We arrived around midnight after 20+ hours of travelling from Vancouver. Local taxis charge a premium after midnight, but since other transit from the airport has ceased by then, it's the only option to get from the airport to the city. The ride took about 45 minutes, by which time we were desperate for some space to stretch out and sleep.
Our hotel, the Albert Court, checked us in efficiently and, as we'd requested, gave us a room on the courtyard side. We've stayed there before, as it's clean and well-run. One side faces a busy street, but the courtyard side is quiet and has a pleasant view over red-tiled roofs.
It's not cheap, but reasonably-priced for Singapore, which is an expensive city. My only regret was that they'd sealed the windows shut since our last visit. I much prefer natural air to canned, even if it is 35ºC outside.
We stayed in one of the rooms with tall arched windows just to the left of the external elevator.
The colonial-era courtyard below is lined with beautiful blue-grey Bismarckia palms.
There are several restaurants in this courtyard, but they are quite expensive and seem to cater primarily to white tourists. Since the hotel is right on the edge of Little India, it's easy to find places preferred by the locals a couple of blocks away.
We discovered Mubarak restaurant on our first morning and ate breakfast at one of its sidewalk tables.
Roti (Indian pancakes) are cooked to order on a hotplate,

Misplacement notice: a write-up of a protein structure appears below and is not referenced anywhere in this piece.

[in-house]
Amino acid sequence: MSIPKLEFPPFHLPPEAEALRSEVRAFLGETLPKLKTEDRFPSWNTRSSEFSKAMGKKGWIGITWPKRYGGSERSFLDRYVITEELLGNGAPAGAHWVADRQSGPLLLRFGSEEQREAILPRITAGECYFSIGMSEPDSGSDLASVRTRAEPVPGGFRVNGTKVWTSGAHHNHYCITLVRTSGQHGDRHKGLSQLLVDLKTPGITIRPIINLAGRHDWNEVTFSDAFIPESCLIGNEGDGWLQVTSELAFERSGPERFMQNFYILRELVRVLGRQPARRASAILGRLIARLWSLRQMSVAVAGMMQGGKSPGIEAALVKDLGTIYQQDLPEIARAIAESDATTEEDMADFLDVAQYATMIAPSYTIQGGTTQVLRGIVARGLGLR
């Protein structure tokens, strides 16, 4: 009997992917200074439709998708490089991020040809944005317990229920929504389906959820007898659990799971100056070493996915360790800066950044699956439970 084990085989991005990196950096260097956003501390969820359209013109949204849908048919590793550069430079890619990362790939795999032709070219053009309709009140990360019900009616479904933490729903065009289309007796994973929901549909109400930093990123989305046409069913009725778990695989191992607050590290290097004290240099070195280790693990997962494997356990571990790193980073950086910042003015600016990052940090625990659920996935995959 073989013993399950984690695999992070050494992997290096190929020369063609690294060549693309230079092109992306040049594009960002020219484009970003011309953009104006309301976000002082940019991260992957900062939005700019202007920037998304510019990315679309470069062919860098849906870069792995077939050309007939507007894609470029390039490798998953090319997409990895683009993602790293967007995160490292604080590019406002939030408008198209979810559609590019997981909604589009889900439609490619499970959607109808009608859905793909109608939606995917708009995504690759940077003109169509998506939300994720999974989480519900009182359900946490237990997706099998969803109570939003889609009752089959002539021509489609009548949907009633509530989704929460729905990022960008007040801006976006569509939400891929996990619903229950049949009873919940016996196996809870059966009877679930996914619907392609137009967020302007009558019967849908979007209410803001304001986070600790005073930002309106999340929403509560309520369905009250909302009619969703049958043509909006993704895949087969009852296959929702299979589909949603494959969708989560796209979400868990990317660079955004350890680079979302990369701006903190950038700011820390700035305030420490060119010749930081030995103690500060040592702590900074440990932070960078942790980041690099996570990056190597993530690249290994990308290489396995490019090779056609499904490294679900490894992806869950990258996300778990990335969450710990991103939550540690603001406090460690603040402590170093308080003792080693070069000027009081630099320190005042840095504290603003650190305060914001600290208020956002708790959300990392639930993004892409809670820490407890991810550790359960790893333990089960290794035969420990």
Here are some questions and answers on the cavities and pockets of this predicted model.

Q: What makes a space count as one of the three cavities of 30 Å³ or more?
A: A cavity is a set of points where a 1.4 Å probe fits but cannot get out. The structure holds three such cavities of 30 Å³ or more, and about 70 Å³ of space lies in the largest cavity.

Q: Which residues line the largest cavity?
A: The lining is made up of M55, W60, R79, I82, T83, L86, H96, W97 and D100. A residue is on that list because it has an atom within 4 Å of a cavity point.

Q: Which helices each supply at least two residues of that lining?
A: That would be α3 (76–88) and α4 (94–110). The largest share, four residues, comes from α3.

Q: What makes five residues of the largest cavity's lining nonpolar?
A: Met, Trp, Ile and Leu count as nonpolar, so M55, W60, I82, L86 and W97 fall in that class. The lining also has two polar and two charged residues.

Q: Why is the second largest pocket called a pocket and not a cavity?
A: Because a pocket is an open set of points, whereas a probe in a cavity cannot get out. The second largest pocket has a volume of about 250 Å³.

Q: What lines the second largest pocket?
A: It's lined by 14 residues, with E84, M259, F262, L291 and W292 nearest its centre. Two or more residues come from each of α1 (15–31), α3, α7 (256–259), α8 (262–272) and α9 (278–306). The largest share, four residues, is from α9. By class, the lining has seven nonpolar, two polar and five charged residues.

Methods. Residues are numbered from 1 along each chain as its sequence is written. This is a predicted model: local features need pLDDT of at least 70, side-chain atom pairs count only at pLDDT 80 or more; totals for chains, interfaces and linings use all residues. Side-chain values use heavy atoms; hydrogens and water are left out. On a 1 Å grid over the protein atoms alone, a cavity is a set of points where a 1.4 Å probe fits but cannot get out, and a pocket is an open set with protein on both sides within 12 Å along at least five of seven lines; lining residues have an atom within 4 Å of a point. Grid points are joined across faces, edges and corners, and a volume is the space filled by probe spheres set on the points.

and served on colourful plastic plates, accompanied by two spicy dipping sauces, one sweet and one sour.
It was so good we returned for the next day's breakfast as well.
For dinner we strolled the surrounding streets, looking for a popular place and managed to get the last table here, where we were the only white faces until a group of Germans wandered in some time later.
The food was excellent.
Since we were in Singapore during Diwali
(aka Deepavali), the Hindu festival of light,
many of the streets were decorated
for the occasion,
... and the stores were full of colourful clothes.
We had only the one day to look around before setting off for our primary destination, Malaysia. Singapore was a greener city than I remembered, with more gardens incorporated into new developments such as the Marina Bay Sands complex, built with Las Vegas money. From the walkway of the spectacular building
... this is a view of the inside...
...and this is the landscaping outside.
Among the real plants were several space-age looking objects, each housing plants from a different climatic zone and linked by a footbridge.
Even the walkway over a 6-lane road had its share of vegetation,
... complete with wildlife.
Crossing this walkway led us to the Museum of Natural History and Science, where the stark white walls and hard surfaces were softened by a vast pond of flowering waterlilies.
The incorporation of greenery everywhere in the city was impressive, although some of the architecture was not so successful.
We spent the rest of the day strolling the streets and visiting the National Art Museum. The latter was a disappointment as most rooms were closed for set-up of the Singapore Biennale which we were just going to miss.
The following morning we checked out, caught a bus across the causeway that links Singapore with the mainland of Malaysia, and arrived at the railway station in Johor Bahru, a small, ugly city looking back across the water at its wealthy neighbour.